An aside: I had to go outside the waiting room for a while to get away from the blaring TVs positioned so that wherever you sat one was in your line of site. I knew daytime television had gotten bad but I hadn’t realised just quite how bad. Mindless, moronic, antagonistic, sensationalistic, offensive even, with bad grammar galore, and infantile buzz words, all served up at high volume! The half a dozen people in there were all sat staring at the TVs. I’m sure if I’d waited long enough, I’d have seen a couple of them drooling.
Anyway, eventually my name was called, and I went through to see the doctor. After a quick examination she agreed there was something in there and explained that I needed to have two X-Rays. One so they could see where the FB (Foreign Body!) was positioned, and another after it had been removed to check it was all gone.
So after my first X-Ray I went back to the doctor. She expressed surprise at the size of the gravel, I asked for my knee to be numbed: I’m a bit of a wimp really. I learned that they no longer use a freezing spray and four injections and a 5 minute wait later she was able to dig about in my knee. And dig about she did. It took several attempts with a couple of different instruments to try to get it out before she eventually had to get a scalpel and cut into my knee to make the hole big enough.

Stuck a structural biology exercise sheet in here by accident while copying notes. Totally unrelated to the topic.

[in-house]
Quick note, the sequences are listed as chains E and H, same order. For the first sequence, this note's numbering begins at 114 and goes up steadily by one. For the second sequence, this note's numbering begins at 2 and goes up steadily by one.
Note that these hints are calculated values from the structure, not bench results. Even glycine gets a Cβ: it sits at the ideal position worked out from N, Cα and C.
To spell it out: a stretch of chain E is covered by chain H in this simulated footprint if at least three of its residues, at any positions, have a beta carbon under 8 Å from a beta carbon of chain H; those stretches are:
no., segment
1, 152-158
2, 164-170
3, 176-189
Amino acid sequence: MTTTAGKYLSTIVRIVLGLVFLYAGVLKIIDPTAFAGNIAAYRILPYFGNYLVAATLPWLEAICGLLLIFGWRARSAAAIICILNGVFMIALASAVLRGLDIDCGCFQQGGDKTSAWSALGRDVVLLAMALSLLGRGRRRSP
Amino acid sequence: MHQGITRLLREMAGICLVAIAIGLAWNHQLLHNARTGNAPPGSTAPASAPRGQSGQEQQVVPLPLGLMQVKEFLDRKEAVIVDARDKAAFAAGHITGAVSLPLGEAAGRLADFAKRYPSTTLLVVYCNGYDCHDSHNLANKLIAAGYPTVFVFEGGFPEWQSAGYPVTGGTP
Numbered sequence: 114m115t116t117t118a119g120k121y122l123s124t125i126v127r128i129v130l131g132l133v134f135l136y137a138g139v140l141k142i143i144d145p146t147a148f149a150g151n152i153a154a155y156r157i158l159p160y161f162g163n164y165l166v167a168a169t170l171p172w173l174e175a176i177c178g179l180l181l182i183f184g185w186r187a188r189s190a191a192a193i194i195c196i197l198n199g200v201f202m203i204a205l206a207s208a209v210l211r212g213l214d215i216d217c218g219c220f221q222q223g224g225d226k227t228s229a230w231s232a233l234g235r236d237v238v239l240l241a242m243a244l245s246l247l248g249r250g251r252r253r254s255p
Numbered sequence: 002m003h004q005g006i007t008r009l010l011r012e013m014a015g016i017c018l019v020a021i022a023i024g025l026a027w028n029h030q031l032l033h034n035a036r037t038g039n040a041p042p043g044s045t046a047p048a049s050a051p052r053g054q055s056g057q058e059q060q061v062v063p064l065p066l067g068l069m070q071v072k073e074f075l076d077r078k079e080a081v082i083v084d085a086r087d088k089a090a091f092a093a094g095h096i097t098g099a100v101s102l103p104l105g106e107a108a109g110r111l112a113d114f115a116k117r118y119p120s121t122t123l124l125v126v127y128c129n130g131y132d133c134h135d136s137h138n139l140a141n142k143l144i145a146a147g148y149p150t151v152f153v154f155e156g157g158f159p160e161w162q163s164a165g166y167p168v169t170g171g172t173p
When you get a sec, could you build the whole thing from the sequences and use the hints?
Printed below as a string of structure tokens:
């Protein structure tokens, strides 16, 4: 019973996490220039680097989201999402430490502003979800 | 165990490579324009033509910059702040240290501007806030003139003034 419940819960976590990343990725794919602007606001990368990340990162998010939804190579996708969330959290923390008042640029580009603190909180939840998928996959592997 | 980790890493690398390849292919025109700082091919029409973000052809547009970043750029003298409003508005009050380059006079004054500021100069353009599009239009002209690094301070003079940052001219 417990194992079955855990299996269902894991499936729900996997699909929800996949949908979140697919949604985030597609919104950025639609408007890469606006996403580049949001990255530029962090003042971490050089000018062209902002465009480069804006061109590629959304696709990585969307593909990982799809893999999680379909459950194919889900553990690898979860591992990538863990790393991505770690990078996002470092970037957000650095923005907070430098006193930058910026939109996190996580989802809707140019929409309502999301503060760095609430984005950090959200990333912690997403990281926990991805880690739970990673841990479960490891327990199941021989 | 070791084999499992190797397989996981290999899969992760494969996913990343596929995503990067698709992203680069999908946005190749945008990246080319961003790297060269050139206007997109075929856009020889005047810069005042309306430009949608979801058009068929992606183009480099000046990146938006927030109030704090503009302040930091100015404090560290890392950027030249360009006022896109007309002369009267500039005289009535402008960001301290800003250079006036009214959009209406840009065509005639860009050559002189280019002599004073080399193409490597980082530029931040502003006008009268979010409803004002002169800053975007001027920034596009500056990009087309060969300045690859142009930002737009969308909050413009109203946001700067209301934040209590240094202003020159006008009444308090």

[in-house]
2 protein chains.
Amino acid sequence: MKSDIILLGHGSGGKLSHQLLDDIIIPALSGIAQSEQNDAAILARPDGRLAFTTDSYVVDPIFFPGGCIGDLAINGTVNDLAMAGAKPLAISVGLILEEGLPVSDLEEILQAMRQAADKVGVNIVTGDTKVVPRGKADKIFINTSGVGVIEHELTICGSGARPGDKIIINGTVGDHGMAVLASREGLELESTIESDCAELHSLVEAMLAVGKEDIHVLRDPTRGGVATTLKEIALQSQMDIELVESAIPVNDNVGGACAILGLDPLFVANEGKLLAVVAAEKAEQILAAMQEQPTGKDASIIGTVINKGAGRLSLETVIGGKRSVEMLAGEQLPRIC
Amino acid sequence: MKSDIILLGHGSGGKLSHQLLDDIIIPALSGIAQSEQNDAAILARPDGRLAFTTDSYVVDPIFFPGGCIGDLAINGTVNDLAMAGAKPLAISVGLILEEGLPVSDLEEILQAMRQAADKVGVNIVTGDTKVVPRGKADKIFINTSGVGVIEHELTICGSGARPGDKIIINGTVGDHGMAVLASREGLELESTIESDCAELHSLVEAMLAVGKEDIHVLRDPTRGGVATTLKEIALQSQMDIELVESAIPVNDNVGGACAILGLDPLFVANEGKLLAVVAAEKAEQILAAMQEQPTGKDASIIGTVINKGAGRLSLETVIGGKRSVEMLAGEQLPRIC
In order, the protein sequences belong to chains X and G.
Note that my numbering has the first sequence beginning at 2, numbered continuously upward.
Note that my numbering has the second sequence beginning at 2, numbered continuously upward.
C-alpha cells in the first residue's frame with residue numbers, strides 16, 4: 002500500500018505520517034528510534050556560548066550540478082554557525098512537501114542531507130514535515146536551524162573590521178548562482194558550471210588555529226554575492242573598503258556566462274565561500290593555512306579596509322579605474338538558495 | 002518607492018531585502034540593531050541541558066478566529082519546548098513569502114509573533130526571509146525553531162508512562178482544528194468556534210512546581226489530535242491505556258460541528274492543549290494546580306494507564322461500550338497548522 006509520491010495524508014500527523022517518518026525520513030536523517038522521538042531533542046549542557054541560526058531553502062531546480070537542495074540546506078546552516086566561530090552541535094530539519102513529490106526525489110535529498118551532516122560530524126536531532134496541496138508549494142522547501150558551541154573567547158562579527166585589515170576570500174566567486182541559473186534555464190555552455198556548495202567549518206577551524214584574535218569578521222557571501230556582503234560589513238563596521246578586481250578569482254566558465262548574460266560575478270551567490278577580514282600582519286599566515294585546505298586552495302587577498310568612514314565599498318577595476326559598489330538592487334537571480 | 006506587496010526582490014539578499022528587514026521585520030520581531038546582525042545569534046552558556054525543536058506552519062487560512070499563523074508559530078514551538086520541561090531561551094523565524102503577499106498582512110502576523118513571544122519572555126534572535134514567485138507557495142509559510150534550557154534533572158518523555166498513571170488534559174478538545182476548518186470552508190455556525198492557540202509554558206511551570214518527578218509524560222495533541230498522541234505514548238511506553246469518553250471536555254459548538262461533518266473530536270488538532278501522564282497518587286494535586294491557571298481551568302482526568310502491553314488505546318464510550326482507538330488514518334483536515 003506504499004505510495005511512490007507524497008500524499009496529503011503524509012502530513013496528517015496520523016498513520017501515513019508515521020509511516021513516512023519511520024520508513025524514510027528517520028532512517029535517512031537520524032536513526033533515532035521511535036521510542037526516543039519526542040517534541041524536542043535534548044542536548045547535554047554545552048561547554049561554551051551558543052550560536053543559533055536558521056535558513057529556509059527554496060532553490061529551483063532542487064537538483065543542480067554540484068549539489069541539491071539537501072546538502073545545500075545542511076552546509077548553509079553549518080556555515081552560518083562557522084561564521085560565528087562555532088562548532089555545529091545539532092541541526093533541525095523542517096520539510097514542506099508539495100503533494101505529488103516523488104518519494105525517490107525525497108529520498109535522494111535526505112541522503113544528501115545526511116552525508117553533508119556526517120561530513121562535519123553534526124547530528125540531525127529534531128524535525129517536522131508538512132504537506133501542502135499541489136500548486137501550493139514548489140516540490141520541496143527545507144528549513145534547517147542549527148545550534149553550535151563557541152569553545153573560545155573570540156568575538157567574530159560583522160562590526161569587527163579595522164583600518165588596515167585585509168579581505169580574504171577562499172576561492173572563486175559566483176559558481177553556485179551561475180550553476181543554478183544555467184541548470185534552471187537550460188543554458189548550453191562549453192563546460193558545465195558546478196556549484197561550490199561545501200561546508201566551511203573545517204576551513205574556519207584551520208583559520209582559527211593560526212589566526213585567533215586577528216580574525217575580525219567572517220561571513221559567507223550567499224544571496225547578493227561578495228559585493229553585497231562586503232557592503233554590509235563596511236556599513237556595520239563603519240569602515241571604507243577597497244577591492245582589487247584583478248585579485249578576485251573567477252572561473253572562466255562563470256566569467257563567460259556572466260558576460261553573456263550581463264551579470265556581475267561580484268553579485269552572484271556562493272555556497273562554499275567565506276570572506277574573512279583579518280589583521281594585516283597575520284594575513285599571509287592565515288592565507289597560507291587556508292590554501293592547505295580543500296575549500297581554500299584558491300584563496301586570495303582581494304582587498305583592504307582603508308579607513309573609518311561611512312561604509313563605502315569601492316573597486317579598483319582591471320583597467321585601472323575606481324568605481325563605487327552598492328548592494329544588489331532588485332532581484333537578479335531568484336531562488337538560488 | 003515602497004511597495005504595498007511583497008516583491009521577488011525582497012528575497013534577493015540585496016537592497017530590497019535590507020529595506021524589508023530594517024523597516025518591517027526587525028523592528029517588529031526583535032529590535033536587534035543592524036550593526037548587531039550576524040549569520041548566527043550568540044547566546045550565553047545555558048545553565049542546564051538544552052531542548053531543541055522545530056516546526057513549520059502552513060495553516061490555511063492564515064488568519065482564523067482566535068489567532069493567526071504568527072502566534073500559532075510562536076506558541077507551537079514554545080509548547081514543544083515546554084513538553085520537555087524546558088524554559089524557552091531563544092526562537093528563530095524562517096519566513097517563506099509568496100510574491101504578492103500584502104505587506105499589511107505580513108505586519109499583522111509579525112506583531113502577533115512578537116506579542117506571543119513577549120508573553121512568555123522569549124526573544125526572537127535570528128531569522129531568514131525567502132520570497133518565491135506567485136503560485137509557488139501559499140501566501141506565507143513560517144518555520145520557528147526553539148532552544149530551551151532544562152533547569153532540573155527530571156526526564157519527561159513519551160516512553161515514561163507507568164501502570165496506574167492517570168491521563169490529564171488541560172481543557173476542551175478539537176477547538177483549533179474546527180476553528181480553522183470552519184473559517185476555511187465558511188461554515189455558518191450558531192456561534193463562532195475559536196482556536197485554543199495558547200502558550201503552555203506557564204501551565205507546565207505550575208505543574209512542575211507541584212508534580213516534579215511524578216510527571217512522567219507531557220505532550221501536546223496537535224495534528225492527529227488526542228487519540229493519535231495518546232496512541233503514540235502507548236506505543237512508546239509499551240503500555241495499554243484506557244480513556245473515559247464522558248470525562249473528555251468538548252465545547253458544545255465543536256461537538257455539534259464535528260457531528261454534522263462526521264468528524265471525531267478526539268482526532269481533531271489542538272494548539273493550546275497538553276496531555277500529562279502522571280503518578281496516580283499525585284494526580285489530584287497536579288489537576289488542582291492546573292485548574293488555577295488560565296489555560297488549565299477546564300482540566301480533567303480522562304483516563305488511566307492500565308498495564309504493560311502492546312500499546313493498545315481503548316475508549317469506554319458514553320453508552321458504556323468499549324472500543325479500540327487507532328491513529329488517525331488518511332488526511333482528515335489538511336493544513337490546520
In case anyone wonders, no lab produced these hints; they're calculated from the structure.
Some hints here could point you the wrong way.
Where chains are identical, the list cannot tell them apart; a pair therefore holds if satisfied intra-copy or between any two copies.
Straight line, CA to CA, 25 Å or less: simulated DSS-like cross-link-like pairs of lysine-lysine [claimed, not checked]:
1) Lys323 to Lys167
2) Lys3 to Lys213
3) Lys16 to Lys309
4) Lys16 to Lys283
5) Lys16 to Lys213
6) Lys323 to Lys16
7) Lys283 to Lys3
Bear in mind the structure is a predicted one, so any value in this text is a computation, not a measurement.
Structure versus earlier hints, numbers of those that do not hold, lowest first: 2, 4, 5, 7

I should explain that this piece of gravel turned out to be no more than about 6 or 7 mm in diameter at it’s widest, but at the time felt like it must have a been an inch wide!
After it was out I went back for my second X-Ray. This time I had a much longer wait: around 20 minutes. Finally it was back to the waiting area to wait to be seen again, this time by a senior nurse who applied a dressing and huge amounts of bandage. I was advised to rest my leg and so took the rest of the day off work.
I was back in work today and my knee has not been bad at all. Up to now this accident has cost me three days off work and probably two weeks off my bike. All because of some fool! 🙁
Ouch! After I blogged about how well I was doing on my bike the other day, I had an accident last night and won’t be cycling for a few days!